Report: Apple met secretly with developers to sell them on subscription pricing
Apple has stated that its goal is to achieve $50 billion in services revenue from the $30 billion it garnered in that category last year. To help it expand its take in services, a new report says that Apple met privately with 30 developers in New York last year, trying to convince them to charge a recurring subscription rate for their apps. During the get-together, which took place in April 2017, Apple allegedly told these developers that they should replace one-time payments with the monthly stream of cash flow that they would receive by using a subscription model for their apps. Inside Apple, this initiative is known as Subscription 2.0. There are only about 30,000 apps in the App Store that require a subscription, although some of these have a large number of subscribers such as Netflix, and Tinder to name a couple.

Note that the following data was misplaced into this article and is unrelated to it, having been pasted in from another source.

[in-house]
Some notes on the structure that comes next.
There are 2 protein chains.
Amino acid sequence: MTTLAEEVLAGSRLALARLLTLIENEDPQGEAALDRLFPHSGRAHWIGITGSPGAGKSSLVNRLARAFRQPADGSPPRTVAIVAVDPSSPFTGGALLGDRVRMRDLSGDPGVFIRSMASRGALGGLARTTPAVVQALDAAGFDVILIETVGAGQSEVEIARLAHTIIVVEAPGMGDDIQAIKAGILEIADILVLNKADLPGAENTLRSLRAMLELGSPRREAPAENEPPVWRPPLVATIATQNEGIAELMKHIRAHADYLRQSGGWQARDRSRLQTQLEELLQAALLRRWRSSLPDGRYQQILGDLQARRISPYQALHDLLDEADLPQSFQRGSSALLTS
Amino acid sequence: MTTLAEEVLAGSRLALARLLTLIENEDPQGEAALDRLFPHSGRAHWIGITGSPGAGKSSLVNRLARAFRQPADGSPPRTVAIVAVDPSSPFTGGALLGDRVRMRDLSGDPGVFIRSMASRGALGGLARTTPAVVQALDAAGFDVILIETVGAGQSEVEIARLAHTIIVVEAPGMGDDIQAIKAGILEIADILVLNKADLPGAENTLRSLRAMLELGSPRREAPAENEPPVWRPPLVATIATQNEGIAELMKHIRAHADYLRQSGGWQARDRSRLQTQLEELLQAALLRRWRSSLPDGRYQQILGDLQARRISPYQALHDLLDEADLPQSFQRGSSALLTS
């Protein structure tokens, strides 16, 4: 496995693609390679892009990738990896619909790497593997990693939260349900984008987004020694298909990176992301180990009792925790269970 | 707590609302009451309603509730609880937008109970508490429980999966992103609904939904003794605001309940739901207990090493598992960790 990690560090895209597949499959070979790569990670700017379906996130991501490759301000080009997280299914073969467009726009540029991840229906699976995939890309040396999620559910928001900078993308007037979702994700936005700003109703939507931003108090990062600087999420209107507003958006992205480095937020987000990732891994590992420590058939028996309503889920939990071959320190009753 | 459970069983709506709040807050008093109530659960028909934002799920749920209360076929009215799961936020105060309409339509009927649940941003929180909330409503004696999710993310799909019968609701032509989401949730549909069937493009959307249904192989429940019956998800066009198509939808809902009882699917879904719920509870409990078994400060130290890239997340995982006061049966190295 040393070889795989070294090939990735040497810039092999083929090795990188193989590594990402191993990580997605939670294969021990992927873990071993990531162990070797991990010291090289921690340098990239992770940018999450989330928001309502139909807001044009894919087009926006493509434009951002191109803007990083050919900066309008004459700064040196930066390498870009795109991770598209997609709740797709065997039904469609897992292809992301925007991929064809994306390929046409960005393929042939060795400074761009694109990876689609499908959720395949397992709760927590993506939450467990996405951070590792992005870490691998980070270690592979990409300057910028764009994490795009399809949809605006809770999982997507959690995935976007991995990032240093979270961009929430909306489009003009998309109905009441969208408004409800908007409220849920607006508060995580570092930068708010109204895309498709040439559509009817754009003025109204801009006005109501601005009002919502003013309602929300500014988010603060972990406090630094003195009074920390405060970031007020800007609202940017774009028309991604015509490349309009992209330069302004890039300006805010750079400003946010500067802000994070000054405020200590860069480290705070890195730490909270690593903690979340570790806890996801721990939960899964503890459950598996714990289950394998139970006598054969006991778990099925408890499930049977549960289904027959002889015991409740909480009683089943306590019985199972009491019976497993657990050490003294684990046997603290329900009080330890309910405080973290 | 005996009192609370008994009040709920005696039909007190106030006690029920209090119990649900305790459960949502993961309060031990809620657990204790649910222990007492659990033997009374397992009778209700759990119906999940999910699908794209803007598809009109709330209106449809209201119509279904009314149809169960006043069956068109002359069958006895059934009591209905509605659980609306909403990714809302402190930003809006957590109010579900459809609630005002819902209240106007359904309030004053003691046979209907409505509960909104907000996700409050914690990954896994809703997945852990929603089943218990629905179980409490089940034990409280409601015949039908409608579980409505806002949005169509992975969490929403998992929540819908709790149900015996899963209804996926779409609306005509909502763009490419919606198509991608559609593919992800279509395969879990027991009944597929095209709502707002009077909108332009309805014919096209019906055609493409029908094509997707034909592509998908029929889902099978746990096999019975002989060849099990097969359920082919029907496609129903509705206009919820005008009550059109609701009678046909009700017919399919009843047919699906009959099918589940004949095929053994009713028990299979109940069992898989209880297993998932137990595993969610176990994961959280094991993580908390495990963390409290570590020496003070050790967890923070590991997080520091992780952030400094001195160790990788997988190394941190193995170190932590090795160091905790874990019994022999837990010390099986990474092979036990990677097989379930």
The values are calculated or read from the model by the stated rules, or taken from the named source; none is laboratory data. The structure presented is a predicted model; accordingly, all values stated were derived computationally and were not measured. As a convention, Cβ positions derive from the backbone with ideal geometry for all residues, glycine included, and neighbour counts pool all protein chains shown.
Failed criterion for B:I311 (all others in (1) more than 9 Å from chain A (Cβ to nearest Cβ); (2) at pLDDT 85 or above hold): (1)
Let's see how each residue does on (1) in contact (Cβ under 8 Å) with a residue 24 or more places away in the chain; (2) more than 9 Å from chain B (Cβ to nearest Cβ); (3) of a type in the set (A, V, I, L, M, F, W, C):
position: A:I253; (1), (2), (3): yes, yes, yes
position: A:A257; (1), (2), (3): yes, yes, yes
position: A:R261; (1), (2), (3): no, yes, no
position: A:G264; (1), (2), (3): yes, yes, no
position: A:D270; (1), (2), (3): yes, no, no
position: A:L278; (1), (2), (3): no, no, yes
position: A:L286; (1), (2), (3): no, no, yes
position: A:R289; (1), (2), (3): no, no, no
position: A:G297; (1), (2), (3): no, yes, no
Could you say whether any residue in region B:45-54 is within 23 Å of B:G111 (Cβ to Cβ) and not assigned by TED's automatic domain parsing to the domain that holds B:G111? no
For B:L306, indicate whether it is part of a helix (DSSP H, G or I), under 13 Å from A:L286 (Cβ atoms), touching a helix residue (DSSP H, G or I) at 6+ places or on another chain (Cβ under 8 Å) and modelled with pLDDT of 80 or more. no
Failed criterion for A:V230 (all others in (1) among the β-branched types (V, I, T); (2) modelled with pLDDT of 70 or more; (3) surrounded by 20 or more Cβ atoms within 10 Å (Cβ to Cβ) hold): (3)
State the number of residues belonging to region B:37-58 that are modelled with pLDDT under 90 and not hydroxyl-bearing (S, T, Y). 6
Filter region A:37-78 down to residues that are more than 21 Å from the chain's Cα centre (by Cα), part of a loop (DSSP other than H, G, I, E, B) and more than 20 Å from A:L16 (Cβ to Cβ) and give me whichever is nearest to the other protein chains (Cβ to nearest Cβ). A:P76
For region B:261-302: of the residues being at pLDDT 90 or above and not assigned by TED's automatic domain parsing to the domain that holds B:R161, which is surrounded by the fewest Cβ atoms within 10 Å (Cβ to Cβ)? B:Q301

The meeting was apparently successful on some level as several developers made the switch, raising subscription revenue from Apple and third party firms to $300 million during the fiscal third quarter of 2018. The company receives 30% of first year subscription revenue from an app, which is cut to 15% starting with the second year. The remaining percentage goes to the developers, which offers them quite an incentive to switch to subscription pricing.
Facetune2 was one app mentioned in the report as making a successful conversion to the subscription model. The selfie editor was the most downloaded paid iOS app in the states last week. While great for the developer and for Apple, we're not so sure that iOS users are completely open to this focus on subscriptions. One subscriber to Facetune2 writes on the App Store listing, "Seems like more and more developers are jumping in on the monthly/yearly Feed-Me payment method which benefits them and not the user especially when one adds up all the $2 here and $3 there that get billed each month."